- In the case of a weak monoacid (here we take acetic acid with pKA = 4.76) with decreasing total acid concentration [A] = [A−]+[AH], we obtain:
|Dissolved CaCO3 (g per liter of acid)||49.5||4.99||0.513||0.0848||0.0504||0.0474||0.0471||0.0470||0.0470|
For the same total acid concentration, the initial pH of the weak acid is less acid than the one of the strong acid; however, the maximum amount of CaCO3 which can be dissolved is approximately the same. This is because in the final state, the pH is larger than the pKA, so that the weak acid is almost completely dissociated, yielding in the end as many H+ ions as the strong acid to "dissolve" the calcium carbonate.
- The calculation in the case of phosphoric acid (which is the most widely used for domestic applications) is more complicated since the concentrations of the four dissociation states corresponding to this acid must be calculated together with [HCO3−], [CO32−], [Ca2+], [H+] and [OH−]. The system may be reduced to a seventh degree equation for [H+] the numerical solution of which gives
|Dissolved CaCO3 (g per liter of acid)||62.0||7.39||0.874||0.123||0.0536||0.0477||0.0471||0.0471||0.0470|
where [A] = [H3PO4] + [H2PO4−] + [HPO42−] + [PO43−] is the total acid concentration. Thus phosphoric acid is more efficient than a monoacid since at the final almost neutral pH, the second dissociated state concentration [HPO42−] is not negligible (see phosphoric acid).
- "Occupational safety and health guideline for calcium carbonate" (PDF). US Dept. of Health and Human Services. Retrieved 31 March 2011.
- Aylward, Gordon and Findlay, Tristan (2008). SI Chemical Data Book (4th ed.). John Wiley & Sons Australia, Ltd. ISBN 978-0-470-81638-7.
- Rohleder, J.; Kroker, E. (2001). Calcium Carbonate: From the Cretaceous Period Into the 21st Century. Springer Science & Business Media. ISBN 3-7643-6425-4.
- Benjamin, Mark M. (2002). Water Chemistry. McGraw-Hill. ISBN 0-07-238390-9.
- Zumdahl, Steven S. (2009). Chemical Principles 6th Ed. Houghton Mifflin Company. p. A21. ISBN 0-618-94690-X.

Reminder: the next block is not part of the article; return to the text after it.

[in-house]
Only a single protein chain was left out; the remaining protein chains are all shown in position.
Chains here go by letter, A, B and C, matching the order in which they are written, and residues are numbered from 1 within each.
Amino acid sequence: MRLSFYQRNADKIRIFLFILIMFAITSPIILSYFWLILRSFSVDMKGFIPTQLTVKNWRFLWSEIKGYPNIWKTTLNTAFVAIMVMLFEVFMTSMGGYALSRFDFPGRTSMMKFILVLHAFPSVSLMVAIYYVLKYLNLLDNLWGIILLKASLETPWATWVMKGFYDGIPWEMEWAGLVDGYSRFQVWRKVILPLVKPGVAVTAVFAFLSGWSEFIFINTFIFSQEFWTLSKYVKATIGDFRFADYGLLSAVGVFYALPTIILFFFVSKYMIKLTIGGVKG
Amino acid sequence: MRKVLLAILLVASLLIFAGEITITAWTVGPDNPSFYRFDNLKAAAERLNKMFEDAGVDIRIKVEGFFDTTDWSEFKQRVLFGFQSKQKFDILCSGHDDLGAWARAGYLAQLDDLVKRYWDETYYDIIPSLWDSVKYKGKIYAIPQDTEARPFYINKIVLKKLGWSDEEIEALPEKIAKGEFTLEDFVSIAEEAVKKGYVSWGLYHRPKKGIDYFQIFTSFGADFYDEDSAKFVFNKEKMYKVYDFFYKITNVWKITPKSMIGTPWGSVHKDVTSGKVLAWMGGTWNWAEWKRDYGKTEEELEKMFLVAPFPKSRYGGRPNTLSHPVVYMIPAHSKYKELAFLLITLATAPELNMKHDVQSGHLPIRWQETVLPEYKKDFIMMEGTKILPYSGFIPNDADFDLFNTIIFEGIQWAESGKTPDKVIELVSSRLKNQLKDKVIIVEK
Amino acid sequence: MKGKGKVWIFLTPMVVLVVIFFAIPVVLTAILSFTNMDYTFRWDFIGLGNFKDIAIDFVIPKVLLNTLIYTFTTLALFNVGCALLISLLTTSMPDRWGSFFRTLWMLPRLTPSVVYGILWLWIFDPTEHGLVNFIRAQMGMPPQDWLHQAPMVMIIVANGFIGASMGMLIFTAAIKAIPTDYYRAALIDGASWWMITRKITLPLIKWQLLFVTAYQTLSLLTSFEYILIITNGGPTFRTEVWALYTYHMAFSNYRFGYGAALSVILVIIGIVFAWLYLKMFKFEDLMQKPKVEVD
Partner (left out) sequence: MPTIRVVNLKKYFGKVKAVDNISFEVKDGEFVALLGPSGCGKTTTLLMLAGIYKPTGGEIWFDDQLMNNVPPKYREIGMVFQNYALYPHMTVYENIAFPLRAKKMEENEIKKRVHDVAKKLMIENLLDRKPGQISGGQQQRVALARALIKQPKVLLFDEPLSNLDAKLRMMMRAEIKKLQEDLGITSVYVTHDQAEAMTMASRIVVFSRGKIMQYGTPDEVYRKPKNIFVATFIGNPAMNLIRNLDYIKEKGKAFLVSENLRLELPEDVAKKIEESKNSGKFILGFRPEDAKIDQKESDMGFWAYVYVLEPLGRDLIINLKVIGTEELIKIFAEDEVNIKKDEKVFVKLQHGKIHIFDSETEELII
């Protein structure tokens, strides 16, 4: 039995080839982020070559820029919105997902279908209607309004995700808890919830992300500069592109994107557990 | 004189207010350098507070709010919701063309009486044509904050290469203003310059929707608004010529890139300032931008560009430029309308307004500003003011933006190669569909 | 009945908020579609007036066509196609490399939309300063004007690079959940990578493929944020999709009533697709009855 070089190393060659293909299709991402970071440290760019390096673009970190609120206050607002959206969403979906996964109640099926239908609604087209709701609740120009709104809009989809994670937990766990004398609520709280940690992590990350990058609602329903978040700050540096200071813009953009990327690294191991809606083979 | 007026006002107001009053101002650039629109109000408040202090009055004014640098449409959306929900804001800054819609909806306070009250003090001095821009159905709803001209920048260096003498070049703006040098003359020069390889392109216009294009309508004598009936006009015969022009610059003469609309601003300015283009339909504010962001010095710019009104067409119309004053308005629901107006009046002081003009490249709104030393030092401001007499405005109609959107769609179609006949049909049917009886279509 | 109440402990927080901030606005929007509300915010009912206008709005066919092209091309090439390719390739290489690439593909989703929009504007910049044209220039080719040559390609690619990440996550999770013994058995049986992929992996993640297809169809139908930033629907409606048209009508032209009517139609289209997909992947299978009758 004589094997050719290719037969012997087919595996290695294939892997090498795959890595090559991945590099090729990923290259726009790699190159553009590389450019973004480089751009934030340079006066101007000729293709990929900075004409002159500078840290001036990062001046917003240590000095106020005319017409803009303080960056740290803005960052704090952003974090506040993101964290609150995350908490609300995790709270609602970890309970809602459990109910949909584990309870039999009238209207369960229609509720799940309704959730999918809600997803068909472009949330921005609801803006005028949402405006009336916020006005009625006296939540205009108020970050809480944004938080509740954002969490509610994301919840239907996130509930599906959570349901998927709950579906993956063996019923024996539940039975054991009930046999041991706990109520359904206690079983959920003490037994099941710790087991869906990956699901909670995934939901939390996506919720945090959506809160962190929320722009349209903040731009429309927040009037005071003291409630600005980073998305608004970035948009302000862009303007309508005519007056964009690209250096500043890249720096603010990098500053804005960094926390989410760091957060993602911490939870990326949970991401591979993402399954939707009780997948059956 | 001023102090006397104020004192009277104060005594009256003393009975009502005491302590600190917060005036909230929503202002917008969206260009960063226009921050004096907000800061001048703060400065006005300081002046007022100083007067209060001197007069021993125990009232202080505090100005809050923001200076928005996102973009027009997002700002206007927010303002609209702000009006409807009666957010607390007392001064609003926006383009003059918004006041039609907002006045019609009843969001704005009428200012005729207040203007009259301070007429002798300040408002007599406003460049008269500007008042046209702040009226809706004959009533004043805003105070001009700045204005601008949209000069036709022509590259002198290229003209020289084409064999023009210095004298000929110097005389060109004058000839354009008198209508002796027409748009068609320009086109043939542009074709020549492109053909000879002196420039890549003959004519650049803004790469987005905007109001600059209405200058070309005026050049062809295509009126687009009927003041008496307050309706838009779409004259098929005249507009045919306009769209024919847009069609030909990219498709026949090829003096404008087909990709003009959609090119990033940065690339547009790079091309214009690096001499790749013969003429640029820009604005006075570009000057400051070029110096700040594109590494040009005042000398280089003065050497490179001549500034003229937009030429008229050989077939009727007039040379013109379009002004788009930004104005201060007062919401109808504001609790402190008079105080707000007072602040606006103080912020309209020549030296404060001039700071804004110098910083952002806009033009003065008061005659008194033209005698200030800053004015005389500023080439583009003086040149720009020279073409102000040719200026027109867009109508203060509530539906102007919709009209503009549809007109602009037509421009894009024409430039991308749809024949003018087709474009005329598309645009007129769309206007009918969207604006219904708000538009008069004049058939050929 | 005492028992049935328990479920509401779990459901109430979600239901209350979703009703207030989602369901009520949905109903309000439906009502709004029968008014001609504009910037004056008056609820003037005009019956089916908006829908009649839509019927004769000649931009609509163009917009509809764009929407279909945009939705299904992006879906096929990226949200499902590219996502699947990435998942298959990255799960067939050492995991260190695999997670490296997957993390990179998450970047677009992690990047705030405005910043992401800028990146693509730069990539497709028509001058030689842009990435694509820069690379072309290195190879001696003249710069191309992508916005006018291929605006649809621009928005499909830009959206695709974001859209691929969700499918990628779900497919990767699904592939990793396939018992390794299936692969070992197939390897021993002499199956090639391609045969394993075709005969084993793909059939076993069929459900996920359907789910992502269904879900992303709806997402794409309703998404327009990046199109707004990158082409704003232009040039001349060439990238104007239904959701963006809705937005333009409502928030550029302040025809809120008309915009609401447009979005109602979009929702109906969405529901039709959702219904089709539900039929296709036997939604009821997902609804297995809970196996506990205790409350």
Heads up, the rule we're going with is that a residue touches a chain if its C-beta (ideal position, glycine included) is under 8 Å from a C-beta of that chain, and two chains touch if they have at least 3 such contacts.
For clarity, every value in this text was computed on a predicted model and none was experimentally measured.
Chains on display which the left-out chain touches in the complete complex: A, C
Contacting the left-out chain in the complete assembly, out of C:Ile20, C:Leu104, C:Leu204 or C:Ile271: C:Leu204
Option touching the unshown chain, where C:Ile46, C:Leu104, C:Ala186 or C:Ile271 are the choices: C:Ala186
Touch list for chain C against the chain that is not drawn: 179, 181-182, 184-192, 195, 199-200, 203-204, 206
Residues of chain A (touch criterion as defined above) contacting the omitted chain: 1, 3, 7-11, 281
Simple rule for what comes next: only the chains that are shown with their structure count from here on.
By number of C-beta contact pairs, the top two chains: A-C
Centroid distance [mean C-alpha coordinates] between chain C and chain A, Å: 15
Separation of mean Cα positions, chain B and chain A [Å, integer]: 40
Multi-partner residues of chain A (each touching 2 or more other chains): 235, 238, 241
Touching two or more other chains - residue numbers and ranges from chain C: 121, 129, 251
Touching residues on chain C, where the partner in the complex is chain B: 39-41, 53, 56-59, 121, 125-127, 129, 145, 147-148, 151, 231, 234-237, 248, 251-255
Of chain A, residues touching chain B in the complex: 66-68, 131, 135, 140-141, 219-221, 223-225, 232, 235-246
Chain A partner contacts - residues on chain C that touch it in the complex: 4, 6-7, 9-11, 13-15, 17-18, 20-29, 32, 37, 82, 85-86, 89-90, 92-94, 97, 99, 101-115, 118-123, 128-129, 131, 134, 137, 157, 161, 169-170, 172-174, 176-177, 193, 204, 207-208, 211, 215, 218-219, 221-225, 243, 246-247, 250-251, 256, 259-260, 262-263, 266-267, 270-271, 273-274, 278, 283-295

- "NIOSH Pocket Guide to Chemical Hazards #0090". National Institute for Occupational Safety and Health (NIOSH).
- "Precipitated Calcium Carbonate". Retrieved 11 January 2014.
- R C Ropp Elsevier. Encyclopedia of the alkaline earth compounds. Elsevier. pp. 359–370. ISBN 9780444595508.
- Demichelis, Raffaella; Raiteri, Paolo; Gale, Julian D.; Dovesi, Roberto (2013). "The Multiple Structures of Vaterite". Crystal Growth & Design 13 (6): 2247–2251. doi:10.1021/cg4002972. ISSN 1528-7483.
- Horne, Francis (23 October 2006). "How are seashells created?". Scientific American. Retrieved 25 April 2012.
- "WebMD: Oyster shell calcium". WebMD. Retrieved 25 April 2012.
- "Oyster Shell Calcium Carbonate". Caltron Clays & Chemicals.
- Heaney, R.P.; Weaver, C.M.; Hinders, SM.; Martin, B.; Packard, P.T. (1993). "Absorbability of Calcium from Brassica Vegetables: Broccoli, Bok Choy, and Kale". Journal of Food Science 58 (6): 1378–1380. doi:10.1111/j.1365-2621.1993.tb06187.x.
- Boynton, WV; Ming, DW; Kounaves, SP; Young, SM; Arvidson, RE; Hecht, MH; Hoffman, J; Niles, PB; et al. (2009). "Evidence for Calcium Carbonate at the Mars Phoenix Landing Site" (PDF). Science 325 (5936): 61–64. Bibcode:2009Sci...325...61B. doi:10.1126/science.1172768 (inactive 2016-01-25). PMID 19574384.
- Clark; et al. (2007). "Evidence for montmorillonite or its compositional equivalent in Columbia Hills, Mars". Journal of Geophysical Research 112: E06S01. Bibcode:2007JGRE..11206S01C. doi:10.1029/2006JE002756.
- Trexler, D. (2001) "Two Medicine Formation, Montana: geology and fauna", pp. 298–309 in Mesozoic Vertebrate Life, Tanke, D. H., and Carpenter, K. (eds), Indiana University Press. ISBN 0-253-33907-3
- "Effects of Acid Rain". US Environmental Protection Agency. Retrieved 14 March 2015.
- "Blast Furnace". Science Aid. Retrieved 30 December 2007.
- McGinnis, R.A. Beet-Sugar Technology (2nd ed.). Beet Sugar Development Foundation. p. 178.